Different Meanings of 'Make' in Everyday Speech
May 25, 2017

everyday grammar
everyday grammar Imagine you are watching the 1991 American film City Slickers. It tells the story of an unhappy man and two of his friends. The men agree they need a short break from their day-to-day problems. So they decide to go on a trip to the southwestern United States. In the movie, you hear the following lines: "When you're a teenager, you think you can do anything – and you do. Your twenties are a blur. Thirties, you raise your family, you make a little money and you think to yourself, 'What happened to my twenties?" Our report today is not about aging. Instead, it is about a strange verb: make. Have you ever wondered about the verb make? Have you noticed that it has different meanings in different situations? On Everyday Grammar, we will explore three meanings of the word make. We will learn how make has different meanings depending on the noun phrase that follows it in a sentence. The verb make Make is an irregular verb. Unlike many other verbs, the past tense is not formed by adding an –ed at the end. Instead, the past tense is made. The literal meaning of make is "to produce or create something." However, this meaning is not common in everyday speech. Instead, English speakers often use make to suggest different meanings. They show these meanings by using one of a number of noun phrases after the verb. Together, these make+noun phrase structures have an idiomatic meaning. In other words, the structure make+ a noun phrase often has a meaning other than what the individual words suggest. There are many different meanings of the structure make+ a noun phrase. Two grammar experts, Susan Conrad and Douglas Biber, have identified over one dozen commonly-used make + noun phrase expressions! Today, we will study three of them. These structures are all polite and can be used in almost any situation – at school, at work, or among friends and family. #1 Perform an action One common meaning of make is this: to perform an action. Make has this meaning when it is followed by a noun phrase such as the bed or a telephone call. Here are two examples. You might hear a parent tell a child, "You need to make your bed." Or you might hear someone say, "I would like to make a phone call." In both examples, the verb make suggests performing an action. So, when an English speaker says "make the bed," he or she means to perform the action of straightening the bedcover and sheets. When someone says "make a phone call," he or she means the act of going to the phone, calling the number, and speaking to another person. #2 Plan or decide to do something A second meaning of the verb make is to plan or decide to do something. Make has this meaning when followed by a noun phrase such as an appointment, plans to, or a decision to. Imagine you hear this short phone call: Person 1: Good afternoon, this is Doctor Smith's office. Person 2: Good afternoon. I would like to make an appointment with Dr. Smith. Person 1: I'm sorry, he's not available until Friday. Would you like to make an appointment for this Friday? Person 2: I don't think that will work – I've already made plans to go out of town! In the exchange, you heard two examples of make+a noun phrase. The words "make an appointment" mean to plan to meet with another person. When the speaker says, "I've already made plans to go out of town," what she means is that she has already decided to do something – go out of town. You will hear this structure often in other situations – such as in a news report or on a television show. Almost every day, news agencies report, "The president has made a decision to… " or "The committee has made plans to...." Now you know that they have the basic meaning of planning or deciding to do something. #3 Earn money A third common meaning of make is this: to earn money. Make has this meaning when followed by noun phrases such as a living, money, or a profit. So, for example, a student might say, "Now that I've finished school, I have to make a living." A businessperson might explain to a financial specialist, "My business made a profit last year." In both cases, make means the act of earning money. There was an example of this meaning at the beginning of our report. "When you're a teenager, you think you can do anything – and you do. Your twenties are a blur. Thirties, you raise your family, you make a little money and you think to yourself, 'What happened to my twenties?" What can you do? Now that you have learned about a few meanings of the verb make, you will have to make an attempt to learn a few other possible meanings of it. The next time you are watching an American film or television broadcast, try to find examples of make+ a noun phrase. Ask yourself how the speakers are using make, and what nouns or noun phrases go with the verb. Learning these idiomatic meanings of make is not easy. However, with training and effort, you can make progress. I'm Alice Bryant. And I'm John Russell. John Russell wrote this story for VOA Learning English. George Grow was the editor. _____________________________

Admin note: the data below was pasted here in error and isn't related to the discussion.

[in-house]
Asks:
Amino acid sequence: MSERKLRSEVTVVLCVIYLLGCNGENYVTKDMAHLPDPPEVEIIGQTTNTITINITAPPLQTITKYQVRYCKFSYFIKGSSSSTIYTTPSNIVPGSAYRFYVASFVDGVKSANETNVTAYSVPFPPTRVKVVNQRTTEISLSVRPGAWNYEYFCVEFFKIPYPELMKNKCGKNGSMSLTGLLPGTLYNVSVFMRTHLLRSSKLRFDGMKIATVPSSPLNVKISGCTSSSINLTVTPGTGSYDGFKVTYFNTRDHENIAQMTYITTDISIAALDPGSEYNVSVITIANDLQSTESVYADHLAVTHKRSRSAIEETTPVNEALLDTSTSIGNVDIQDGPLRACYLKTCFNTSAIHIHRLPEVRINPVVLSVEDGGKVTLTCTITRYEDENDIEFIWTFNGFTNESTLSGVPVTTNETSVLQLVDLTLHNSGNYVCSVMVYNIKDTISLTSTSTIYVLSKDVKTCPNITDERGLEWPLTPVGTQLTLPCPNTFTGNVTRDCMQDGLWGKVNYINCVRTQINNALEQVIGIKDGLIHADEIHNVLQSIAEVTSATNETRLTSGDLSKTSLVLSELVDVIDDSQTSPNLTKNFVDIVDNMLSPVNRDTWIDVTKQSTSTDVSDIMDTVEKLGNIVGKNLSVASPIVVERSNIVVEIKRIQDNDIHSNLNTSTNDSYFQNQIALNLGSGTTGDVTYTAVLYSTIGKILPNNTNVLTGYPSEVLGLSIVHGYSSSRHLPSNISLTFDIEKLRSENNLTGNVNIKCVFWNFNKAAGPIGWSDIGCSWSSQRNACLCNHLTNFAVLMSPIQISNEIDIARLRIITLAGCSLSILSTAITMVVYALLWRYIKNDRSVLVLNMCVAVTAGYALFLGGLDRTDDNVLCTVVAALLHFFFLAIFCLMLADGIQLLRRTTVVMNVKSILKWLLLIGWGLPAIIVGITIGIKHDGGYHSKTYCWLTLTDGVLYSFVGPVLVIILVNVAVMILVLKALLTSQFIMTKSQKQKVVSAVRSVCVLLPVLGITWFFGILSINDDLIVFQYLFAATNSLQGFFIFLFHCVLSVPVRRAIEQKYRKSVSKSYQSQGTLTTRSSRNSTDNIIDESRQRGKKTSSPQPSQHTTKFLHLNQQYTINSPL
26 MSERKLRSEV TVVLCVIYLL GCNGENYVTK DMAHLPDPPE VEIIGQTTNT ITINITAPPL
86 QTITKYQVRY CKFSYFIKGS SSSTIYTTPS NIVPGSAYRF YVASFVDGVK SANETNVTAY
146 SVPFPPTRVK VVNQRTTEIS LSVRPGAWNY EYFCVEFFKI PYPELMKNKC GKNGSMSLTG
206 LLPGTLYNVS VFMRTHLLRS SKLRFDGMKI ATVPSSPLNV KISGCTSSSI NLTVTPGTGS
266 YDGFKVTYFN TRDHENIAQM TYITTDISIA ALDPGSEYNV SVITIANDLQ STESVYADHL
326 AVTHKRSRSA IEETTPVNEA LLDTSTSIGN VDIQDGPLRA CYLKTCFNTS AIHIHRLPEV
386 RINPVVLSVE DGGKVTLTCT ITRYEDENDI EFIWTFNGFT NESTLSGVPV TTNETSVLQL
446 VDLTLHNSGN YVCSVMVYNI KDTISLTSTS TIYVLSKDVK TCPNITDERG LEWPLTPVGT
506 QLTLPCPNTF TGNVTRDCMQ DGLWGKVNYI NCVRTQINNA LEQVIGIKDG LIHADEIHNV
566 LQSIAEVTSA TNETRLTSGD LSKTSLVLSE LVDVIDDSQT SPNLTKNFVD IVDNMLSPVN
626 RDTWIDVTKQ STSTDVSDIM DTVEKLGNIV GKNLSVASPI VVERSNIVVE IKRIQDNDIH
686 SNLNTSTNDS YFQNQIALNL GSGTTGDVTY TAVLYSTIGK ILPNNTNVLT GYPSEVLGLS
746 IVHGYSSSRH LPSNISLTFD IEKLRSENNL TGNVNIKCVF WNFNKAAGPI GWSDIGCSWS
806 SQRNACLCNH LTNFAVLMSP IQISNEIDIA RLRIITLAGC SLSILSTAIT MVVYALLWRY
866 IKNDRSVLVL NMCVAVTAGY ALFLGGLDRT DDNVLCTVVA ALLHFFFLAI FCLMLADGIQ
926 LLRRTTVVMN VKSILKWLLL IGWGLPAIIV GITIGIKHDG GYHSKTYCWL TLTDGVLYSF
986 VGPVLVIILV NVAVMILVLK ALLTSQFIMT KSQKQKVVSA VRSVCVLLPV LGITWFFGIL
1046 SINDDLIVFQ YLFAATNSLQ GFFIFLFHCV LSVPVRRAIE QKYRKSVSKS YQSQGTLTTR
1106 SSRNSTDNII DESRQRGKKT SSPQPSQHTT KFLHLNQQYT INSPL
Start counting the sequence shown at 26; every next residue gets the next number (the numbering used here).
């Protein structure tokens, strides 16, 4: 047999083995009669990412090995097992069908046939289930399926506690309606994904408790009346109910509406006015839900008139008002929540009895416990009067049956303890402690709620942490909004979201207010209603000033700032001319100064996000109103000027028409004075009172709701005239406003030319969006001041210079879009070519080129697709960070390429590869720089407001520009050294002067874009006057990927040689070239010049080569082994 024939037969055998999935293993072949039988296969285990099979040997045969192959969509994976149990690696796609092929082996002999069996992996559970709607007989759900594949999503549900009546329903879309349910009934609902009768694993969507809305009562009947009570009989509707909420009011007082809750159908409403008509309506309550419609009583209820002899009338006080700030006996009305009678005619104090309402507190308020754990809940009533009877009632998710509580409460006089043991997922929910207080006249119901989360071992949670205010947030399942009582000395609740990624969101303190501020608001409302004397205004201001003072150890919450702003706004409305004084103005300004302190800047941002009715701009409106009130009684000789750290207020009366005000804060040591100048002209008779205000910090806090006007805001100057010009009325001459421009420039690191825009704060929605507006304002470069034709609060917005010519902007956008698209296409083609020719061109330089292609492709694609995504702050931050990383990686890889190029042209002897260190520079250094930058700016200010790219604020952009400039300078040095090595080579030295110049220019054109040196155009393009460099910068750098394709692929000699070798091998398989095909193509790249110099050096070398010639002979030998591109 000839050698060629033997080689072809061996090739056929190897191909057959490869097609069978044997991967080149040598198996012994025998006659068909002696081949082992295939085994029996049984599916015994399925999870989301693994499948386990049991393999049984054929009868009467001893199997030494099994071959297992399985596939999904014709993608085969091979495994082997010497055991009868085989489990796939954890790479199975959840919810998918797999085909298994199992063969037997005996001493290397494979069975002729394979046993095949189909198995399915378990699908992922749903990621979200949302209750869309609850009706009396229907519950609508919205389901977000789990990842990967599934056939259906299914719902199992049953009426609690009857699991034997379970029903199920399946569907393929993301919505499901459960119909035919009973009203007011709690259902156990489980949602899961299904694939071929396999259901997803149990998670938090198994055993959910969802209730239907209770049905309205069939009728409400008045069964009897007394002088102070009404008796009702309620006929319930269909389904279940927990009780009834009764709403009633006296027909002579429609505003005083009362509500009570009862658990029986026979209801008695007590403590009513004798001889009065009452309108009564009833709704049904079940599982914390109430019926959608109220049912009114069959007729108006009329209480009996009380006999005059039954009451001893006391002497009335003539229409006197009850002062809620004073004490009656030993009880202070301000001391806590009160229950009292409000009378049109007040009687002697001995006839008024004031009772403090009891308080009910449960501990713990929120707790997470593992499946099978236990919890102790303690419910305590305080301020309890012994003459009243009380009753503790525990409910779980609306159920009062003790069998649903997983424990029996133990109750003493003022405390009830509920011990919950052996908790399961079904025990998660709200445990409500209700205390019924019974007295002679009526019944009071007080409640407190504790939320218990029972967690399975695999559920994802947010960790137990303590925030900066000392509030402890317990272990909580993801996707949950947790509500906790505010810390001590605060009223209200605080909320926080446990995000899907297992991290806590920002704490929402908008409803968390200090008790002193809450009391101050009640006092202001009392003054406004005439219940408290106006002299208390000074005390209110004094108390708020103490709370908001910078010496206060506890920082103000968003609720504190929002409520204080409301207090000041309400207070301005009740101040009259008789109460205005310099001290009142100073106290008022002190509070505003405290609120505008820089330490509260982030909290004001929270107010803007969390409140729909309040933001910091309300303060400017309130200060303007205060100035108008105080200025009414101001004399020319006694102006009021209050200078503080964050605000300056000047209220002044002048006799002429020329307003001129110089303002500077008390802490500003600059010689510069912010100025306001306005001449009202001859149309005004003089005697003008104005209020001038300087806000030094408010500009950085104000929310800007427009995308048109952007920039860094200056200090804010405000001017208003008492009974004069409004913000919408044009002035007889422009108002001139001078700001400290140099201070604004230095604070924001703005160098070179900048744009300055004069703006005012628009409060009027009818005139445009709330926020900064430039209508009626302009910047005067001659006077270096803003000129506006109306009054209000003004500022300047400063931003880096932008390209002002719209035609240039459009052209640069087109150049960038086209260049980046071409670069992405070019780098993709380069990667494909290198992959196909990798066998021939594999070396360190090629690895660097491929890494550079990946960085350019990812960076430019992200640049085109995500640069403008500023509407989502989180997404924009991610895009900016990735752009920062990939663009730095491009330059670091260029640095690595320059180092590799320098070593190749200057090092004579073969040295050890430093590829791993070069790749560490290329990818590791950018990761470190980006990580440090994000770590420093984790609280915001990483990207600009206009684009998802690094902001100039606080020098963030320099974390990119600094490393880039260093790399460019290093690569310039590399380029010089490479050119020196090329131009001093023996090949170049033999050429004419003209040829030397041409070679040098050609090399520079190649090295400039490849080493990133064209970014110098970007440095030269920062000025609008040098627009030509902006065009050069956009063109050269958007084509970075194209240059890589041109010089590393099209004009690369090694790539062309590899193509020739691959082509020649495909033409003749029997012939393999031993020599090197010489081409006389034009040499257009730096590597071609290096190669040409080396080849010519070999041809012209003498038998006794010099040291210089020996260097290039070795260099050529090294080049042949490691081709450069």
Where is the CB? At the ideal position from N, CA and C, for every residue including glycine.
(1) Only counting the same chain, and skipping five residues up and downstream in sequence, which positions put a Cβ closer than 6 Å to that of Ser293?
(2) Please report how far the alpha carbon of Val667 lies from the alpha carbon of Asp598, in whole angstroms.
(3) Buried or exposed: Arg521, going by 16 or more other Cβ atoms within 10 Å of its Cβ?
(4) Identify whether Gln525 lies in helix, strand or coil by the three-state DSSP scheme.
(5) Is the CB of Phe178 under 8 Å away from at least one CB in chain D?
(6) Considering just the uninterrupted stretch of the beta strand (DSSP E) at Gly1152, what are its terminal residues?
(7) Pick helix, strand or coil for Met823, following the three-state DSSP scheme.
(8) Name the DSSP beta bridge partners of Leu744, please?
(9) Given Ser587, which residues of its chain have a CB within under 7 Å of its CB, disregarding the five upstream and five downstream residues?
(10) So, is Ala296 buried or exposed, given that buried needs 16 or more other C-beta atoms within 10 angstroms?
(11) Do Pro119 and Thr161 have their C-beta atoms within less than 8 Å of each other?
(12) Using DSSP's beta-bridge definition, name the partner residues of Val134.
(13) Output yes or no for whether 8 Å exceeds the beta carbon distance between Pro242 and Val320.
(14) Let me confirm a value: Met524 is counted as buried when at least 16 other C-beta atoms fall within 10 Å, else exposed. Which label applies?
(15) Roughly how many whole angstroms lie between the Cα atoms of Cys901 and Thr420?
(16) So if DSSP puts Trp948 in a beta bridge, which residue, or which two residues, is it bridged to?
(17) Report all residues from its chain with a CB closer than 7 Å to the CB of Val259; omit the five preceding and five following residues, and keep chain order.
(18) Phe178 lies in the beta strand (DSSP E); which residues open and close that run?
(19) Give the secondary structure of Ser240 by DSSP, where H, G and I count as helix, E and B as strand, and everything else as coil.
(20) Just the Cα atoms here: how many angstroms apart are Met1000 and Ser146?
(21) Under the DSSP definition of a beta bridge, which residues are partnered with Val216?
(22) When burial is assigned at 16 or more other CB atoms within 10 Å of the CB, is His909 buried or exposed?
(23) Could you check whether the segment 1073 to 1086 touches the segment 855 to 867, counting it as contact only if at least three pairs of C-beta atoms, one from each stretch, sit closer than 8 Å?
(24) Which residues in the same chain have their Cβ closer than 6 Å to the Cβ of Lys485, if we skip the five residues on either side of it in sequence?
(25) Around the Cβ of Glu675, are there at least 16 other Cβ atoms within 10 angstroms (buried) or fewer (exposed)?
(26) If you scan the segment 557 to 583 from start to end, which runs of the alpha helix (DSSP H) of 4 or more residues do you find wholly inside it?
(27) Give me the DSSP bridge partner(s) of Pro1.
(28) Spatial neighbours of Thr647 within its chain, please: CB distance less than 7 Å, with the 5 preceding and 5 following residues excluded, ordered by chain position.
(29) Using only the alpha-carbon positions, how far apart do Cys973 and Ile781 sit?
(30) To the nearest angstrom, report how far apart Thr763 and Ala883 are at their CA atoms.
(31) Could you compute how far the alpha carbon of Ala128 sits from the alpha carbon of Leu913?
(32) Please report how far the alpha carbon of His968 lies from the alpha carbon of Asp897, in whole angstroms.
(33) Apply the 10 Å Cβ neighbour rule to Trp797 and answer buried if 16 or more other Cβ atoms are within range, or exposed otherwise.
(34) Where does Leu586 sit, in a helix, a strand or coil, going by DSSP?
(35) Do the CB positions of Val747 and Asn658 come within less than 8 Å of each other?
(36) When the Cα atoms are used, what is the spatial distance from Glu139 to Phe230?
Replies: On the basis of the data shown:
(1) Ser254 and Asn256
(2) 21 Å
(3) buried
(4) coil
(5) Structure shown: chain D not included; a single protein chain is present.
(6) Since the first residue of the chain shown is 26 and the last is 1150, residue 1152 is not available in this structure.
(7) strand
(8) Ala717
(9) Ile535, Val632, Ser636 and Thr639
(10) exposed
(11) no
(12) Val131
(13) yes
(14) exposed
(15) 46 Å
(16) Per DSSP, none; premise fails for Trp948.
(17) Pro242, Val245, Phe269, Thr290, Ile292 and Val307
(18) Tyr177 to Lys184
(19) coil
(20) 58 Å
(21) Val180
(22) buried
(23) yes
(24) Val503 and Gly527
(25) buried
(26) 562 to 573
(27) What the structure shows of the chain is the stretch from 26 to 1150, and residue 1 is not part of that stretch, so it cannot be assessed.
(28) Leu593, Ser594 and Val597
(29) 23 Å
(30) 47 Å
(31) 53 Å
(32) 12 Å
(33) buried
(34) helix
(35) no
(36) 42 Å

Words in This Story

blur – n. something that is difficult to remember irregular – adj. not following the normal patterns by which word forms (such as the past tenses of verbs) are usually created literal – adj. involving the ordinary or usual meaning of a word idiomatic – adj. an expression that cannot be understood from the meanings of its separate words but that has a separate meaning of its own noun phrase – n. a group of words that acts like a noun in a sentence polite – adj. having or showing good manners or respect for other people tensen. a form of a verb suggesting time or length of action grammarn. the study of words and their uses in a sentence dozen – n. a group of 12